04 November 2009

Autumn Leaves of Grass

My favorite season has always been autumn. Morning cool. The last of the garden. Harvest. I'll never forget driving over a hilltop in the Poconos and seeing a child-gone-crazy-with-the-Crayolas landscape. During my childhood, the family often made an October drive to the mountains of New Mexico to look at the aspens and to gather apples. David & I vacation with the Colorado colors.
It's commonly said that Texas doesn't have seasons but like much that is commonly said that's incorrect. Our deciduous trees are turning now although they are out-numbered by evergreen live oaks and pine and magnolias and tropicals--Houston truly is the emerald city. When we make our Christmas road trip across Texas there is often great color; we're all just too busy looking at Christmas lights to notice. It's like the robins which in Houston are not a sign of spring but of winter. Each place has seasons of its own but one must have eyes to see.

As I've been driving across Texas from the Gulf Coast to the Hill Country, I've enjoyed being back in touch with the seasons. What I've seen on the most recent trips are the autumn grasses which are truly as lovely as the wildflowers of spring.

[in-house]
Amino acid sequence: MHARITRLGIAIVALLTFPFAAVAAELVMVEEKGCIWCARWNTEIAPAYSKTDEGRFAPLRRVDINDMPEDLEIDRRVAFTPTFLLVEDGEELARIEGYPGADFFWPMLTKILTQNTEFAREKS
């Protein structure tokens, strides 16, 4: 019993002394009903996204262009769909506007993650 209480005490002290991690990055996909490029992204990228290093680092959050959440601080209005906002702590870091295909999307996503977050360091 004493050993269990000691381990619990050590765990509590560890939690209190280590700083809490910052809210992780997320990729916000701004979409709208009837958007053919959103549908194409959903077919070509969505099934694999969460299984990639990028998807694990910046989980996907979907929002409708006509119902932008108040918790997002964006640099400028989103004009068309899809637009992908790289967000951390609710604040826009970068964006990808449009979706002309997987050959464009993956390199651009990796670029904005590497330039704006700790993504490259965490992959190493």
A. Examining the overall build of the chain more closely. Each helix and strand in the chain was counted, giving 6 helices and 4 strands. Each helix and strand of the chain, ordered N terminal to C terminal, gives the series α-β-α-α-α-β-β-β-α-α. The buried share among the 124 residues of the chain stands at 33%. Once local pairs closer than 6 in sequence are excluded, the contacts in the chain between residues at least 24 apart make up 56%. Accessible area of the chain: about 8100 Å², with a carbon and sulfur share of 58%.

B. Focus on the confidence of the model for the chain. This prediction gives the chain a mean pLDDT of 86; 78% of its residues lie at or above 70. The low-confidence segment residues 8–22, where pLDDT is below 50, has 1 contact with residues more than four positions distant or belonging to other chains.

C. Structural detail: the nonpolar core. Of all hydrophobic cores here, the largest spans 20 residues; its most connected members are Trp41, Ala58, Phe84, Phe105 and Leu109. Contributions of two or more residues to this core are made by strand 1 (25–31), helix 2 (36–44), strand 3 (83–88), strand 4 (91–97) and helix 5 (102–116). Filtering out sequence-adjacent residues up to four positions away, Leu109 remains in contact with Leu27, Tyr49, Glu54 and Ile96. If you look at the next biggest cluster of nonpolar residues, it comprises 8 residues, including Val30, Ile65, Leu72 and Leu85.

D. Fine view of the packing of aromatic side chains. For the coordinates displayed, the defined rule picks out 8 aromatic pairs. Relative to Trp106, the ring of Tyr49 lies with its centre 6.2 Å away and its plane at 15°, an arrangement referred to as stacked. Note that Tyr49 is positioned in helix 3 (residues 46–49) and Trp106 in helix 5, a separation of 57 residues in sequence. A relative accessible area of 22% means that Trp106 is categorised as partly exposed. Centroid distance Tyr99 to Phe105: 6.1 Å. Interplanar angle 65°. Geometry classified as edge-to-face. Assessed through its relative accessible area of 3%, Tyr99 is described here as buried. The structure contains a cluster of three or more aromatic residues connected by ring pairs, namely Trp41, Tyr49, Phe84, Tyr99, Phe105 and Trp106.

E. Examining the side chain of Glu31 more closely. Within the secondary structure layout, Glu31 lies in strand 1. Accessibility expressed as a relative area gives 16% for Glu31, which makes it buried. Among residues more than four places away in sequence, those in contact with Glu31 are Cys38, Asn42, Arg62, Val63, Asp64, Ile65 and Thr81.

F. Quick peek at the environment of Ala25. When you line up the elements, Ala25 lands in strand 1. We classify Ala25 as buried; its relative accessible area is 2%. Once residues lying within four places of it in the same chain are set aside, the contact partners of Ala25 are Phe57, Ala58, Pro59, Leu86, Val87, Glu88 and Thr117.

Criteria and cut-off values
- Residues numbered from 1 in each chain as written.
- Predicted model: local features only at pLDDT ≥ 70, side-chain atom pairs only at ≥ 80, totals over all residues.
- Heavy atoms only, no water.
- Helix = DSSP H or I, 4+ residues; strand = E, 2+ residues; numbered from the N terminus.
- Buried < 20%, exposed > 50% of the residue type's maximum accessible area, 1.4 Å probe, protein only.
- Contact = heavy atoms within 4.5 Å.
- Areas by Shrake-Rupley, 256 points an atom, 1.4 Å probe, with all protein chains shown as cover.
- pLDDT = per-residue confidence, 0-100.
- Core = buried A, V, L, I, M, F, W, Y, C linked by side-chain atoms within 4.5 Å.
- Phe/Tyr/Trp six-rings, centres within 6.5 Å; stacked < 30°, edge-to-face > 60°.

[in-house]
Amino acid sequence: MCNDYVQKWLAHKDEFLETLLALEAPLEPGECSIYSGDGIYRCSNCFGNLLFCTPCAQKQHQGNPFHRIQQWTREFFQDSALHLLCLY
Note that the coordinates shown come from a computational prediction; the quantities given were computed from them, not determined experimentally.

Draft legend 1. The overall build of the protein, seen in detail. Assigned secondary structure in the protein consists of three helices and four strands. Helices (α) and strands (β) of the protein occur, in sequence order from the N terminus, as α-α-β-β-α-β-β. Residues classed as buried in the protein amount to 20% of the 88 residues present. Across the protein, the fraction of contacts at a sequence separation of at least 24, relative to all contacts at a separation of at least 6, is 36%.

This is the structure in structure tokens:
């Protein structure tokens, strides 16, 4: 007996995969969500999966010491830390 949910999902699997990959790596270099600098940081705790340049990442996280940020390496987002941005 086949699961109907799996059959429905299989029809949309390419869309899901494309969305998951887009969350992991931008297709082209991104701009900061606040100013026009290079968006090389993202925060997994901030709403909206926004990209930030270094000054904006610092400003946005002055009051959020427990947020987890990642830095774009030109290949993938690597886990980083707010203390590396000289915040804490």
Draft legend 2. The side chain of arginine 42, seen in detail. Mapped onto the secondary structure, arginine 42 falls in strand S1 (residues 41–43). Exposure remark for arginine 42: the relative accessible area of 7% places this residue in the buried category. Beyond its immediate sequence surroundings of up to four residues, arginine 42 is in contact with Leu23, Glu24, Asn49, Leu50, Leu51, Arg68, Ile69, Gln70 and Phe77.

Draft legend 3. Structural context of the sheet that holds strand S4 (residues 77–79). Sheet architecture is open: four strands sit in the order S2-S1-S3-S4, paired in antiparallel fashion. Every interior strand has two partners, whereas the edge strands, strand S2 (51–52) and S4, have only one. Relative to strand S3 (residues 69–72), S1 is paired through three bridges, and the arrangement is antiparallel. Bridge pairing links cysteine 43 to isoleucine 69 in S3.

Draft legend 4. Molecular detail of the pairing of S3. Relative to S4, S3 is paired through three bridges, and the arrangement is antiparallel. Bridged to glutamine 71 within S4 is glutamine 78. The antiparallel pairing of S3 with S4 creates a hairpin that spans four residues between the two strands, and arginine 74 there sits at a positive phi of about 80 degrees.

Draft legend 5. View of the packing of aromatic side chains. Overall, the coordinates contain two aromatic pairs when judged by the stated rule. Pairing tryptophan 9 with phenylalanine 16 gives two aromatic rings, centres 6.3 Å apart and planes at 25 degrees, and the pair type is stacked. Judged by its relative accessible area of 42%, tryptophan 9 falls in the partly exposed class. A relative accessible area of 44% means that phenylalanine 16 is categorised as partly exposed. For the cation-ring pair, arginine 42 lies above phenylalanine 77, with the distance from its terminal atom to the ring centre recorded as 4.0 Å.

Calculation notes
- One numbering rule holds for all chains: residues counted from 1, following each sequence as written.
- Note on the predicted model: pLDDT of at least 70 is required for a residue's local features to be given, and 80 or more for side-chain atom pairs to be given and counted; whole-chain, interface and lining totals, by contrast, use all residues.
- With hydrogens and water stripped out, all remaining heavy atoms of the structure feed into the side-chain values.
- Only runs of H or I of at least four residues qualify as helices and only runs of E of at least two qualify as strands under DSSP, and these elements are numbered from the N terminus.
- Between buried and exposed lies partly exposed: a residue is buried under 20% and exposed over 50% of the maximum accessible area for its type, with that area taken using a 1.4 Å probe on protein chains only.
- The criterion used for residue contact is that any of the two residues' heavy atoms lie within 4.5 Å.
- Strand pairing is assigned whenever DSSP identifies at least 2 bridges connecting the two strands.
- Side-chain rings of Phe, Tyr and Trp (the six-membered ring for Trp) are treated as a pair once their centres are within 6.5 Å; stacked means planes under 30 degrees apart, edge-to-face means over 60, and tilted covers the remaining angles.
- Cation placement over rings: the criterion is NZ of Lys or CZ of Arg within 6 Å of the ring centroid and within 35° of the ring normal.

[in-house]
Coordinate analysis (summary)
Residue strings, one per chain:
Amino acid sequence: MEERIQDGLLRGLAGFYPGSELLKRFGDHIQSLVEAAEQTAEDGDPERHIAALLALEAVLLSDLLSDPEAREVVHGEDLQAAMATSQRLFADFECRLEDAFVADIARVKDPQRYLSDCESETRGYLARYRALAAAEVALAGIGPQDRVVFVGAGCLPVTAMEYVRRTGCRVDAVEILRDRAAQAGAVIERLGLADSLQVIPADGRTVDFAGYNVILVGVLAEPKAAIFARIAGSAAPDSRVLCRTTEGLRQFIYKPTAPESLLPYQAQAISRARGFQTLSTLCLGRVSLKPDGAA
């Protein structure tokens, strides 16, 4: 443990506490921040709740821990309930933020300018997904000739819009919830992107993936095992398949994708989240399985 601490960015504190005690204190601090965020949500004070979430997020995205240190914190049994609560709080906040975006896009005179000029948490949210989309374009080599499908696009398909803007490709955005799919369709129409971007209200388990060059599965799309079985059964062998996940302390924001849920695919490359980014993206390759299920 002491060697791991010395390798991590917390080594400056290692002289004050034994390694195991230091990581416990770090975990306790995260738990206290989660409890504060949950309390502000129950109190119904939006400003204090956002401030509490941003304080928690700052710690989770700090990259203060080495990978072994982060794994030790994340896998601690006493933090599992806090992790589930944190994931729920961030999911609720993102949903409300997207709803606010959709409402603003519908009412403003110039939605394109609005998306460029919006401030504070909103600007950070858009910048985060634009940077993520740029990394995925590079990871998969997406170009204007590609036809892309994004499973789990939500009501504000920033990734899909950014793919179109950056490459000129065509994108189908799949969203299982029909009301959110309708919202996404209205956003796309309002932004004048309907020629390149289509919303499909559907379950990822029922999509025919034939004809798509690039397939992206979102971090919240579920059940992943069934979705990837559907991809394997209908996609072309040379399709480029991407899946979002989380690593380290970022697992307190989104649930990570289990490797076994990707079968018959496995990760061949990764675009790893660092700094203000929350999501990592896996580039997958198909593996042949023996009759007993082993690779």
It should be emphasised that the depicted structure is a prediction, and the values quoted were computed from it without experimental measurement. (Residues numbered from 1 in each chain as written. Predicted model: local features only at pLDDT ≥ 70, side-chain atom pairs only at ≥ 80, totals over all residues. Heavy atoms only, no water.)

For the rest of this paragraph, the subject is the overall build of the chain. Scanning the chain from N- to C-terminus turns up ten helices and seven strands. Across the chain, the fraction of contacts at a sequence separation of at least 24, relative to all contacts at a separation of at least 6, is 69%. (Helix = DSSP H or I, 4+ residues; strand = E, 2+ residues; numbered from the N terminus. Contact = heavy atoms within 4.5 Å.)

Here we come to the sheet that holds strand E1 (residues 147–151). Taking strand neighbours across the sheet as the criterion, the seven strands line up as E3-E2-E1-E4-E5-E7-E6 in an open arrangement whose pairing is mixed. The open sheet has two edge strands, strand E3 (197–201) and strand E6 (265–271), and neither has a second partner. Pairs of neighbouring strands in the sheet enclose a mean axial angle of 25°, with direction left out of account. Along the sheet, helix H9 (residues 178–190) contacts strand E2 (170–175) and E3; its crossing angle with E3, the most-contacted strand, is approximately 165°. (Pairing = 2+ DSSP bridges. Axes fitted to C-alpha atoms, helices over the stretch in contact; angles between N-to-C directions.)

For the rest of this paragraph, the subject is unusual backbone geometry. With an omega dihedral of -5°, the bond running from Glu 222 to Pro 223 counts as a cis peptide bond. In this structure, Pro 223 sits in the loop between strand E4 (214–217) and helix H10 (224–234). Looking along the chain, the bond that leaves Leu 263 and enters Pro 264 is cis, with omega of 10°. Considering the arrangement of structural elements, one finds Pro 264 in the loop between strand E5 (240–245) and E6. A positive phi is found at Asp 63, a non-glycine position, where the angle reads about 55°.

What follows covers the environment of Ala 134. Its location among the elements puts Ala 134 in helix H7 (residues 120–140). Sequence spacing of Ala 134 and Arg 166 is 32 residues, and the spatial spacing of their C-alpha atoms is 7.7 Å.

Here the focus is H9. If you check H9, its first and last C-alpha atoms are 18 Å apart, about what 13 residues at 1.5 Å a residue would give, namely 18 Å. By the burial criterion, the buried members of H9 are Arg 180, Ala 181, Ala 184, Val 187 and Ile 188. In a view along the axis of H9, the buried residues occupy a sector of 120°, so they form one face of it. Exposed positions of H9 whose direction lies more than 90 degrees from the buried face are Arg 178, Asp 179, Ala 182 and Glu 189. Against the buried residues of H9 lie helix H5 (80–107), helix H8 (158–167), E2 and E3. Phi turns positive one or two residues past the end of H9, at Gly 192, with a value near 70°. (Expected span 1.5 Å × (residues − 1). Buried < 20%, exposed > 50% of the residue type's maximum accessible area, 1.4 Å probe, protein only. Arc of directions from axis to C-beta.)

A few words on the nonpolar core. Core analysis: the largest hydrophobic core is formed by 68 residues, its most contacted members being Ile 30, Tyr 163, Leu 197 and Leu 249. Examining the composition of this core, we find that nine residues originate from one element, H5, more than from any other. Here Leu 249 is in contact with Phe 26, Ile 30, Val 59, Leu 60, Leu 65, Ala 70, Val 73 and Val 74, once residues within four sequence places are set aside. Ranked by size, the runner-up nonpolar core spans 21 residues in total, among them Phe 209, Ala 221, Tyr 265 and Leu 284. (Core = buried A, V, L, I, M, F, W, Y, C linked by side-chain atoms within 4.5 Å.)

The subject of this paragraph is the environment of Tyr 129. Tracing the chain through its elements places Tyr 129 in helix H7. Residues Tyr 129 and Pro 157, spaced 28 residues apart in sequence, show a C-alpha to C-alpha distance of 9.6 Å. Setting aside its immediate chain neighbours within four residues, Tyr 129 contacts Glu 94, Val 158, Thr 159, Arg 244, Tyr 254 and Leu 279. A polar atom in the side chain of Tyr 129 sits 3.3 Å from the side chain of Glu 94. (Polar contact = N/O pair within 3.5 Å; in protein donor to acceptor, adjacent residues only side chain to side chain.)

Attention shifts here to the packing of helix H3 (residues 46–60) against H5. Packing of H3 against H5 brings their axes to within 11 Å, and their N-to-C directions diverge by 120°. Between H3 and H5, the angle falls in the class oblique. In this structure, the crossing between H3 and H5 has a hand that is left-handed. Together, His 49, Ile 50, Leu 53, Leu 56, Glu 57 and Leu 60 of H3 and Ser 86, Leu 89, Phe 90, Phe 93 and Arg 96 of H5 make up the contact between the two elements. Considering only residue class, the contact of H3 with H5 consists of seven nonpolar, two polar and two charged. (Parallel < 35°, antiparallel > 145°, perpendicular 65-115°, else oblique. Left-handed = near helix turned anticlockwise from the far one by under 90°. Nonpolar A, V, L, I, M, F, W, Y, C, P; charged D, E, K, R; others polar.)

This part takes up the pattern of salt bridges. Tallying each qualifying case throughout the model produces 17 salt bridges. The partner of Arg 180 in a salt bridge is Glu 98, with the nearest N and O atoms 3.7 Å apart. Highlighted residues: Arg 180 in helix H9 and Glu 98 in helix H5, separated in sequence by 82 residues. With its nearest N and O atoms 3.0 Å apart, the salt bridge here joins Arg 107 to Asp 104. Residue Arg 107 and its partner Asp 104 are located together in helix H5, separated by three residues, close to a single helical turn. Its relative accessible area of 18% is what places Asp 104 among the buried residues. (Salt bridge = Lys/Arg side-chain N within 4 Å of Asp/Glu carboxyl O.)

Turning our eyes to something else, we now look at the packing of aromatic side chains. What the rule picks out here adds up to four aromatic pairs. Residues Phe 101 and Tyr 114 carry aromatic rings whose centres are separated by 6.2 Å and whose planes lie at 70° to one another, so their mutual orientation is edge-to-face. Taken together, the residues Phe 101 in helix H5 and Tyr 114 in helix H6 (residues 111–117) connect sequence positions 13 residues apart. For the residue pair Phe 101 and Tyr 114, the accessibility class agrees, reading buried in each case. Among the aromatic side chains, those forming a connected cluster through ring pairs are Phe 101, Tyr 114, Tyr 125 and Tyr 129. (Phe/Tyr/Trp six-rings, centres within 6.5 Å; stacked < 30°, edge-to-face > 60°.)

There is great variety and diversity of grass--tall, short, straight, stiff, plumed, lacy. This photo is pink-haired grass waving in a row at pavement's edge but the colors are limitless: green, chartreuse, gold, brown, black, red, maroon, orange, purple, aubergine, silver, copper. Grass in fields, grass in roadside clumps, grass in swaths of self-sown sweeping waves. Seed time and harvest. A festival of grass.
I, of course, named this post for Walt Whitman's famous poem:
But in looking for that link, I found this poem by Brian Patten:
Mighty is our LORD and great in power
whose wisdom is beyond all telling...
Sing a song of thanksgiving to the LORD...
who clothes the hills with grass.
Psalm 147: 5,7,8

2 comments:

Anonymous said...

Love that magenta colored grass in its glory now. City of Bellaire planted some on the Newcastle esplanade just before you go into Houston...waves delicately in the breeze. First noticed it 15 years ago when I would drive my mother, aunt and uncle to Amarillo in the fall up US 287. Wondered why we didn't have it in our landscapes and lo! it's in Houston's inner city now. Think we'll ever exult over Johnson grass, the farmer's enemy? (Bobbie)

KCP said...

Bobbie, Thanks for another color word: magenta. Johnson Grass is on the environmentalists' "kill, even it takes herbicides" list. Anything to get rid of this terrible invasive species. Bad news from Argentina, Johnson grass is devloping resistance. David says that he had to dig a hole to China to eradicate the Johnson grass in the corner of the lot of one of his family's homes. I remember doing the same.